A book can’t be judge by its cover, just like a character. Flannery O’Connor’s “A Good Man is Hard to Find” begins with an innocent family vacation ending in a tragic deaths after taking a detour. “Where Are You Going, Where Have You Been?” by Joyce Carol Oates features a typical teenage girl who begs for attention from males and meets her match at the end. The Misfit and Arnold Friend’s characteristics make them frightening in many ways. The appearance of a character says a lot about who they are. The way the Misfit is introduce in the story, “A Good Man is Hard to Find” is scary.
A family has an accident and they are lying helplessly on the ground. He sees the accident occur and approaches the family. O’Connor writes “It came to a stop just over them and for some minutes, the driver looked down with a steady expressionless gaze to where they were sitting, and didn’t speak. Then he turned his head and muttered something to the other two and they got out”. On a dirt road, in the middle of nowhere, just had an accident and three men come riding up, seems a little specious and terrifying.
The Misfit has two other men with him and they all get out of the car slowly and stare at the family. O’Connor describes the Misfit, “His hair was just beginning to gray and he wore silver-rimmed spectacles that gave him a scholarly look. He had a long creased face and didn’t have on any shirt or undershirt. He had on blue jeans that were too tight for him and was holding a black hat and a gun”. Holding a gun while getting out of “big black battered hearse-like automobile”, says O’Connor describing the car, is a little ironic. Normally they irony of an event occurring is the creepy part.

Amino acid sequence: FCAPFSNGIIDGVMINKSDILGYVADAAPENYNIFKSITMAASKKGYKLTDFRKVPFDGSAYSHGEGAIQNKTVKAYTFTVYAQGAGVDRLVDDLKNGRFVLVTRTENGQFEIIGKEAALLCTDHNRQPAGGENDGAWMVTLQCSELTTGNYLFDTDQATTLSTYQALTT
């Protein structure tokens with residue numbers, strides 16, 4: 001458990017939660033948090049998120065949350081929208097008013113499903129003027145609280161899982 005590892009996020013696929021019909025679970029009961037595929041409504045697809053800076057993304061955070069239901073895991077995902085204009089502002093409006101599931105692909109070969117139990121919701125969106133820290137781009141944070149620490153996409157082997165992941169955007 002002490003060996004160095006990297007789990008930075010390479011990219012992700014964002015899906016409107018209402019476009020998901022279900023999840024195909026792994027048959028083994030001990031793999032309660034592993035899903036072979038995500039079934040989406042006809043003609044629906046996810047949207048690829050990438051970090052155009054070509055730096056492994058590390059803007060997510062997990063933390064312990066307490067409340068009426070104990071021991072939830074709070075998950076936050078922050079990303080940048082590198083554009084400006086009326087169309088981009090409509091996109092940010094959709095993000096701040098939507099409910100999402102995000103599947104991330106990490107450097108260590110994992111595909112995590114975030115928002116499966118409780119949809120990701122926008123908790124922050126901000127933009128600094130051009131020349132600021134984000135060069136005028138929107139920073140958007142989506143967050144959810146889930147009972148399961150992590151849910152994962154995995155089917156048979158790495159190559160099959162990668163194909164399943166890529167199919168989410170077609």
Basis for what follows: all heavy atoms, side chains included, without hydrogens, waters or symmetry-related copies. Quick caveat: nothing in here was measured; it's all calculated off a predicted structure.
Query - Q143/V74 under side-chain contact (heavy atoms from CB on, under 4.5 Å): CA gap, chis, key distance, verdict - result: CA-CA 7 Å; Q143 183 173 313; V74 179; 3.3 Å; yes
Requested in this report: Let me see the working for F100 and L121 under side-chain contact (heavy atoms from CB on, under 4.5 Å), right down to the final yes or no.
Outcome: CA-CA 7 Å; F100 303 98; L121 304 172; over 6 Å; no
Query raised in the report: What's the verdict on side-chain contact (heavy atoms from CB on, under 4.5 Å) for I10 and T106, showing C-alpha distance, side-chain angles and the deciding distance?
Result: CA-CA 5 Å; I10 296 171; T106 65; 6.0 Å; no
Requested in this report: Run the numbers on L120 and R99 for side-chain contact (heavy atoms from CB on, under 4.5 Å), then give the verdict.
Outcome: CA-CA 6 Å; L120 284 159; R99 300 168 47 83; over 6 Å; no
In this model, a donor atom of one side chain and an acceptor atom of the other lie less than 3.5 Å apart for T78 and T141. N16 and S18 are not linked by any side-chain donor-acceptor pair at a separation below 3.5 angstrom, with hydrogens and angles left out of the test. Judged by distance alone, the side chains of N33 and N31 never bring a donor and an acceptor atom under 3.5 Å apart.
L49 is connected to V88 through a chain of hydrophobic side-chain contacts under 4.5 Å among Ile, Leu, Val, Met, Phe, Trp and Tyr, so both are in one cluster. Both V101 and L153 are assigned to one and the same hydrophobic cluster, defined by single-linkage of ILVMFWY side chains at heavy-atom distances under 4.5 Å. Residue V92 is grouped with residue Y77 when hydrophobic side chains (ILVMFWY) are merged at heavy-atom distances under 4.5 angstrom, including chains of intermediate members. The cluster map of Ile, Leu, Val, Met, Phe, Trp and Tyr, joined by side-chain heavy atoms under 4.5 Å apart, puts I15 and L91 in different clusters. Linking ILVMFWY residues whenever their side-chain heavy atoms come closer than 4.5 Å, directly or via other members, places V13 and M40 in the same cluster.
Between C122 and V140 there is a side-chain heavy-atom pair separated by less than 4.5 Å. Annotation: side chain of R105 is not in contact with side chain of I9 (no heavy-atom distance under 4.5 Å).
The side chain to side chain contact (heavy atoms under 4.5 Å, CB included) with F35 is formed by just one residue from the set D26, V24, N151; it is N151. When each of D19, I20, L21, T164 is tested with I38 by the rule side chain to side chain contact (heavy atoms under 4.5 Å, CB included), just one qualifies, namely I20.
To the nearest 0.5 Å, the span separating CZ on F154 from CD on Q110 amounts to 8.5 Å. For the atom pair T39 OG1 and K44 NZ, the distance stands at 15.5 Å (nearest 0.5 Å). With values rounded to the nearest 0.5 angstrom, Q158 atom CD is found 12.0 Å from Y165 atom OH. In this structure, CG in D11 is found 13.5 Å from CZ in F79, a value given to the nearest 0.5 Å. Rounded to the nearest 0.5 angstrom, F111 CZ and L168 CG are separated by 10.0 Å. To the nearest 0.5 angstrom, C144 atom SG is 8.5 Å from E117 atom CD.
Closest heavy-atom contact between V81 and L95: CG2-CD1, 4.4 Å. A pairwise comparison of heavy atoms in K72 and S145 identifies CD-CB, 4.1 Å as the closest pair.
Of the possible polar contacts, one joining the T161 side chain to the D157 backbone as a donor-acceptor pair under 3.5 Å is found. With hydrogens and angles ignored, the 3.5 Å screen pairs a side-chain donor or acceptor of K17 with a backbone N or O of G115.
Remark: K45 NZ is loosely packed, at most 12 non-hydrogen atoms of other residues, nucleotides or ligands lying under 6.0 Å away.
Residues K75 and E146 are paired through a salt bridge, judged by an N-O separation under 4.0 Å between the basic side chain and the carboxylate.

The Misfit isn’t the only one with a gun but, O’Connor says, “The two boys also had guns”. What makes them threatening is not what they have on but the guns that they are carrying. Under most circumstances the antagonist of a story always has a “sidekick”, which adds to the factor of making the antagonist seem daunting. Arnold Friend’s character in “Where Are You Going, Where Have You Been?” is much more complex. He disguises himself as a eighteen year old boy, “Tight faded jeans stuffed into black, scuffed boots, a belt that pulled his waist in and showed how lean he was, nd a white pull-over shit that was a little soiled and showed the hard muscles of his arms and shoulders” (Oates 621). That is a creepy thing to do, going through all the trouble to catch the eye of a victim. The tactics Arnold use makes him disturbing like his car as bait and Ellie. Arnold’s car has his name on the side of it and all the different sayings that the teenagers used during that time. The car was bait and if he catches a female looking at it he would trap them. Ellie is Arnold’s who stays in the car the whole time with the radio playing.